Here's everything you need to know about the world of television for Wednesday, July 29th, 2020. I'm writing this from the Twin Cities suburbs, where AllYourScreens HQ is working hard not to send out a newsletter with an obvious typo (my apologies for yesterday)
UNIVERSAL, AMC SIGN DEAL TO CUT PREMIUM VOD WINDOW TO THREE WEEKS
Universal Pictures and AMC Theatres have been feuding since Universal decided to release its "Trolls" movie directly to VOD. The two companies said on Wednesday that they have agreed to a deal which would allow Universal to make new motion pictures available to the premium video-on-demand market three weeks after their theatrical premiere:
Financial terms of the agreement were not disclosed. However, in a statement, AMC’s CEO Adam Aron said the company will "share in these new revenue streams," which means that it will get a cut of any money made on these digital rentals. Universal only has the ability to put its movies on premium on-demand, meaning the rentals that go for roughly $20 a pop. It cannot sell films or rent them for lower on-demand fees, in the $3 to $6 range, until three months after they debut in cinemas.
There is a lot to unpack in this announcement. Despite its public blustering over VOD, with the movie theatre business struggling in the U.S. right now, it needed to resolve this issue before more studios opted to move their mid-tier movies directly to VOD in at least the U.S. market. Plus, this deal apparently gives them some cut of the VOD revenue, although it's impossible to know at this point how significant that might be in the near-term.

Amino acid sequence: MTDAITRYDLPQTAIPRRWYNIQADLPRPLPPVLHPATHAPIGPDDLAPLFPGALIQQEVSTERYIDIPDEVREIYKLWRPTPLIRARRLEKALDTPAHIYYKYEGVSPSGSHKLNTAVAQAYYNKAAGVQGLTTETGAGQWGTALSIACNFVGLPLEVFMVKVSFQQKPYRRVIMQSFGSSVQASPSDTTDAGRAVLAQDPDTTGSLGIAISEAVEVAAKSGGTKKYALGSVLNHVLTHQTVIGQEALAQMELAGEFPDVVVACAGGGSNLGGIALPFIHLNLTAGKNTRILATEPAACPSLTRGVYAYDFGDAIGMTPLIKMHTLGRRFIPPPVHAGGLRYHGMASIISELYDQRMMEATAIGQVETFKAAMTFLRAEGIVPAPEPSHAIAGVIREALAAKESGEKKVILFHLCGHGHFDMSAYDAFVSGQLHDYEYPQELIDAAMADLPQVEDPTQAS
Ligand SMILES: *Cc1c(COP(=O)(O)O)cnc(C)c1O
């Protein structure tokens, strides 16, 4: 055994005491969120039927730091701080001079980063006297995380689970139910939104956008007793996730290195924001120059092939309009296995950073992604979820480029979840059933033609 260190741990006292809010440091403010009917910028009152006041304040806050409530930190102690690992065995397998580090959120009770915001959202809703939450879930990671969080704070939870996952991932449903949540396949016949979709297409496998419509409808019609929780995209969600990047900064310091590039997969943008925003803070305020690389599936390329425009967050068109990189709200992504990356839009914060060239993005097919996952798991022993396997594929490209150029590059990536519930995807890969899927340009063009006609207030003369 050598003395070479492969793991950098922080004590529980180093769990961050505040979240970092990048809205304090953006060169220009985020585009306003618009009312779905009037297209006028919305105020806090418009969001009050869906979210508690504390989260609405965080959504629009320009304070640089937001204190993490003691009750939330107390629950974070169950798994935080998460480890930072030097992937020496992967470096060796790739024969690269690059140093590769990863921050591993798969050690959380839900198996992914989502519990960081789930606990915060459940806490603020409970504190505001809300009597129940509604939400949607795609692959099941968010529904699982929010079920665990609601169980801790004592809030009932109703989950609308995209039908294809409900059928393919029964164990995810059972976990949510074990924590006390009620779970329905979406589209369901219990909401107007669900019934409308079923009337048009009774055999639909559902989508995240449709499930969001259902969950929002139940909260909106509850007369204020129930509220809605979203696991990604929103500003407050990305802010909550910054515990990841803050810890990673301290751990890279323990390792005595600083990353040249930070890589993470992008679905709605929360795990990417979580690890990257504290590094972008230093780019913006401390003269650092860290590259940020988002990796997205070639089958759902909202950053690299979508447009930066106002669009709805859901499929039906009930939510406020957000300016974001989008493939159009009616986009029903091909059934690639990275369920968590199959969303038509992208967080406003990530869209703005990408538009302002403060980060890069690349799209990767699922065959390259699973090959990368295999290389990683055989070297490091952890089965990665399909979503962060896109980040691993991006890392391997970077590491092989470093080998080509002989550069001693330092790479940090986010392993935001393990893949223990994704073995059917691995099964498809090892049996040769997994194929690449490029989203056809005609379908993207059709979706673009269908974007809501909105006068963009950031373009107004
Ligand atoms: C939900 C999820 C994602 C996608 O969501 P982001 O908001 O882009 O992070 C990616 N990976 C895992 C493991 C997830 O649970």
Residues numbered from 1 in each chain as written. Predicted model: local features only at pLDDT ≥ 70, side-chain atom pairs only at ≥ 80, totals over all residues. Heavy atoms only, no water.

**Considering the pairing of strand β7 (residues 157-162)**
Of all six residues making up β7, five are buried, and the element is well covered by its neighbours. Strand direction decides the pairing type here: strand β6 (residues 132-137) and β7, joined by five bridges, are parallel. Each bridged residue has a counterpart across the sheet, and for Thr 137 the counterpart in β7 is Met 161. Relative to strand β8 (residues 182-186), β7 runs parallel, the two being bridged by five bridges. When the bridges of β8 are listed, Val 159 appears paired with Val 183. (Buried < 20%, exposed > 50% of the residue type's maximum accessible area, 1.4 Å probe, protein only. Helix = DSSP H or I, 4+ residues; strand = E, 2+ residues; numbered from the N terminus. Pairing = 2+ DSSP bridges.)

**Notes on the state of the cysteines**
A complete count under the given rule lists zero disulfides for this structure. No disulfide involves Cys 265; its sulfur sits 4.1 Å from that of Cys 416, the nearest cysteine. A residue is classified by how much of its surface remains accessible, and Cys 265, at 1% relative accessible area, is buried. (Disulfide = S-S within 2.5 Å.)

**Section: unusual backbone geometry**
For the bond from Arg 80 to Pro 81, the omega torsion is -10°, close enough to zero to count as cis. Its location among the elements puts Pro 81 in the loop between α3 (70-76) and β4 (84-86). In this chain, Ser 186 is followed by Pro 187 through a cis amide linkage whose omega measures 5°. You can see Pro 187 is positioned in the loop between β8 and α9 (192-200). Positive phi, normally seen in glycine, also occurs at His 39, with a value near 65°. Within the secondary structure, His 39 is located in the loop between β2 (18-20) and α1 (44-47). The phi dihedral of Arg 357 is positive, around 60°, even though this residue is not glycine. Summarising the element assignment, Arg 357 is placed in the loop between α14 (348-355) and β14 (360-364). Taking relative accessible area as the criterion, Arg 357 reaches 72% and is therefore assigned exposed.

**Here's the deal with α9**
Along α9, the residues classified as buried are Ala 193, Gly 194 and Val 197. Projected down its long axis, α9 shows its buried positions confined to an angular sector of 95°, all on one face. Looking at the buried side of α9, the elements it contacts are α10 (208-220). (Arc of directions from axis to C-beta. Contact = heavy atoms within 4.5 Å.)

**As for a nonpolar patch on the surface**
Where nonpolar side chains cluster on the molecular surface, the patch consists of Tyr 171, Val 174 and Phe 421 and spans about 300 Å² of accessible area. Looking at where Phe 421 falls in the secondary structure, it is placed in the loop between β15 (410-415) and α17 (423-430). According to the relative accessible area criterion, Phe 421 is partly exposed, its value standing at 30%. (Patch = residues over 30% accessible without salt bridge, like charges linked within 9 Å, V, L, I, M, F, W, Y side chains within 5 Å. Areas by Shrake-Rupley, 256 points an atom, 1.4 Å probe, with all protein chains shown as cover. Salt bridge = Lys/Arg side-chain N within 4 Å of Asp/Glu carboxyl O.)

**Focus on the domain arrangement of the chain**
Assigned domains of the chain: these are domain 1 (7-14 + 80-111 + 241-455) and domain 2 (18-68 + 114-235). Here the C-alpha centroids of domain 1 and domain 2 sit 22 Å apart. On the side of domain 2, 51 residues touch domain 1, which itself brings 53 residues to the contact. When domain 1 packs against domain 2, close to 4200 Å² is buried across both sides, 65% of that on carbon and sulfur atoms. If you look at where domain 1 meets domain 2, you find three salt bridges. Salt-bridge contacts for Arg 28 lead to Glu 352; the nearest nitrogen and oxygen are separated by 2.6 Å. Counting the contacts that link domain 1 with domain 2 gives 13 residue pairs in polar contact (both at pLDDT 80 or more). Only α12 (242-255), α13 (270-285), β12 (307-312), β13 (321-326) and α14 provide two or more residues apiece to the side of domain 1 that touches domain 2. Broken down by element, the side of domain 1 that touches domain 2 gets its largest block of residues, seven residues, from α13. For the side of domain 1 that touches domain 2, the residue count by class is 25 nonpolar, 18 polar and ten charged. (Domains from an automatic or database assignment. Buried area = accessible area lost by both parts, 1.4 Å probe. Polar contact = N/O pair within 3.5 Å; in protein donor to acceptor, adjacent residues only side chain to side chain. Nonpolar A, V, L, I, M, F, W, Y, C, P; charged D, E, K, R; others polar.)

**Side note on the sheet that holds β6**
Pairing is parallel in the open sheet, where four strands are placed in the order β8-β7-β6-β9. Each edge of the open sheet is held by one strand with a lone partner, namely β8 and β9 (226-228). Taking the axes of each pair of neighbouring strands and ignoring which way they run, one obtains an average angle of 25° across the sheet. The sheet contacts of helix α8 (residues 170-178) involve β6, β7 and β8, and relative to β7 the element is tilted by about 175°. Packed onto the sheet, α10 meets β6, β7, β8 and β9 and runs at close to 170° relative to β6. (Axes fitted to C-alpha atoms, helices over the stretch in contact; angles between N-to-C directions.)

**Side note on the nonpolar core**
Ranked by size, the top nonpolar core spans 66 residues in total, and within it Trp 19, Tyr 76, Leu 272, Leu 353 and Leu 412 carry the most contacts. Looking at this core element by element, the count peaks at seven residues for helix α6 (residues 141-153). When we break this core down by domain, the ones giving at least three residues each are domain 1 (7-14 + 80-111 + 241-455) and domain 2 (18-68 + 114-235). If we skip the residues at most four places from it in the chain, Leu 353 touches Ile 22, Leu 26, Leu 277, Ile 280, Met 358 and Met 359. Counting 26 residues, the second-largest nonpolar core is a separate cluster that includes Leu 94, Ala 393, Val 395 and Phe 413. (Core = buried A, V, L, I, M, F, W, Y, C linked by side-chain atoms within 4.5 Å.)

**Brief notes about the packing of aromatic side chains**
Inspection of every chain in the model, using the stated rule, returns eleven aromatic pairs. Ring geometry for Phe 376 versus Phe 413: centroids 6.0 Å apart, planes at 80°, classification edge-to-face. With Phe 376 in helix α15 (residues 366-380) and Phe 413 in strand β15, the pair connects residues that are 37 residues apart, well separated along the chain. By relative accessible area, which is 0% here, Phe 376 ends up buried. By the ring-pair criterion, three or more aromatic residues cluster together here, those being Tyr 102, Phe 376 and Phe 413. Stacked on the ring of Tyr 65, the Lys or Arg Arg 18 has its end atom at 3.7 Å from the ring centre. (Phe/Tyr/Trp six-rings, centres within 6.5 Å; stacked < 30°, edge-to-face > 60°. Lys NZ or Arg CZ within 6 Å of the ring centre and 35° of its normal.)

As this practice becomes more common, it's going to changes the back-end financials in a lot of ways, from the way incentive deals are structured for actors, directors & producers to the way that value is assigned to movies that move quickly to VOD. For instance, the amount that Netflix pays for streaming an independent movie (or one that isn't part of some output deal) is based on its final box-office numbers. Which has sometimes led to a situation in which a movie does much on VOD than in theaters, but Netflix pays based on the lower box office number.
NETFLIX ADDS A GROUP OF AFRICAN-AMERICAN SITCOMS
Netflix has finalized a deal that brings a number of popular African-American sitcoms to the U.S. version of the service, beginning in August. Here is the list, along with the dates they'll premiere on Netflix:
"Moesha" - August 1st
"The Game" (S1-3) - August 15th
"Sister, Sister" - September 1st
"Girlfriends" - September 11th
"The Parkers" - October 1st
"Half & Half" - October 15th
"One On One" - October 15th
Now if they can just pick up the rights to "Girlfriends," "Roc," "South Central" and "In The House."
LINKS WE LIKE: If you're a fan of international television that isn't from the U.K., MHzChoice is a great choice. For $7.99 per month, you get television dramas and comedies from more than a dozen countries. If you'd like to try it out, there's a 7-day free trial and if you click on this link, you'll get the first month for 50% off.